III Trappist Breweries: The Legend

The Dageraadplaats What is Belgian-style beer? Trappist Breweries: The Legend Trappist Breweries: The Reality The engine of fermentation How yeast gets around Belgium's dark age of light beer A Pilgrimage of Yeast Can we brew it here?

The most pervasive legend about Belgian beer is that it is made by monks, which is true, in a way: some of the best Belgian beers really are brewed within the walls of Trappist monasteries.

When I first learned of monastic beers, I imagined tonsured monks in brown robes leaning over copper vats, stirring concoctions with wooden poles and adding arcane ingredients according to 800-year-old recipes.

The first time I tasted Trappist beer, it was easy to imagine it was brewed this way. I was used to drinking lagers and English-style ales – good, straightforward, honest beers with nothing to hide, but with no mystery. Then one day I drank a strong, dark beer from an abbey at the edge of the Belgian Ardennes. Rochefort 10 is a miracle of complexity, of spice and dried fruit flavours I had never experienced in beer before. This was beer? This was beer! Only monks could craft such an elixir!

No Trappist brewery is as revered or cloaked in legend as Westvleteren, at the abbey of Saint Sixtus. The monastery produces such small quantities that the beer is scarcely distributed. Until recently, it was impossible to buy in North America. Even Belgians had to travel to the west Flemish countryside and wait in line (possibly overnight) to buy the monks’ famed beer. Visitors are barred from the brewery and are only allowed into the abbey by invitation.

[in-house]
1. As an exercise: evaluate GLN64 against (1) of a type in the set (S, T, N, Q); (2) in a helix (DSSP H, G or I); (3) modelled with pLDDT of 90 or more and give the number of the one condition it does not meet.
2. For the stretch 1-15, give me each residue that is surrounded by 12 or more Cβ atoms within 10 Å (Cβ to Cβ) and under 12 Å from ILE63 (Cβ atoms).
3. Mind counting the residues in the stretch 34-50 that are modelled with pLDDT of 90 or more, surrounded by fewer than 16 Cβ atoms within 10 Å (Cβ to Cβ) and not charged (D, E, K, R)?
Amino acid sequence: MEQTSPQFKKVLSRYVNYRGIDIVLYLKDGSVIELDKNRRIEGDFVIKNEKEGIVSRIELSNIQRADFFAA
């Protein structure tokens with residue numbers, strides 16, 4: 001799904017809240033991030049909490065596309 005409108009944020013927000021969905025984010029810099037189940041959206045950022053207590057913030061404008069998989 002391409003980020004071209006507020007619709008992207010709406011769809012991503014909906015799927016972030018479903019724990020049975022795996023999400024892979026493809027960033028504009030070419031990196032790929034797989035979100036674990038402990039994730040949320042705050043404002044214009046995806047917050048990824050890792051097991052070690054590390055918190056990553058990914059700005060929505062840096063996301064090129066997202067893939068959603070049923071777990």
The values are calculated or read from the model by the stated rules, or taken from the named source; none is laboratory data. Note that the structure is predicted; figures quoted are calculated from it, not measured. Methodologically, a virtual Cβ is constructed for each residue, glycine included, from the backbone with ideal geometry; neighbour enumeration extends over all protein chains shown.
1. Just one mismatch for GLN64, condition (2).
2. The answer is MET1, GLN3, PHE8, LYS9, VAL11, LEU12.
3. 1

In June 2012, my wife and I cycled halfway across Flanders to Westvleteren. Along busy highways and bucolic canals, through cities and cow pastures, in the sun and in the rain we pedaled, fully aware of the futility of our pilgrimage. When we arrived we could only look longingly at the abbey wall before turning around and crossing the road to the monastery’s café. We sat on the sunny patio at the café with a couple hundred other beer fans, and we drank the monks’ beer and ate their cheese and pâté, content to simply be near where the beer was brewed.

The beer is so scarce that we had only ever had the opportunity to drink it twice before, once because we were given a bottle by a Belgian friend who had camped out overnight at the abbey, and once because a rogue beer distributor imported some to Canada against the wishes of the monastery. I’d never even had a full bottle to myself before, and suddenly we were able to order as much as we wanted and revel in the rich malt, dark fruit, and mysterious spicy depth of Westvleteren 12. It took some restraint to make it back to our guesthouse on two wheels.

That night I lay boozily in bed with the taste of Westy 12 still in my mouth, wondering what divine brewing miracles had been performed behind the walls of the monastery. The Westvleteren legend remained safely in the cloisters.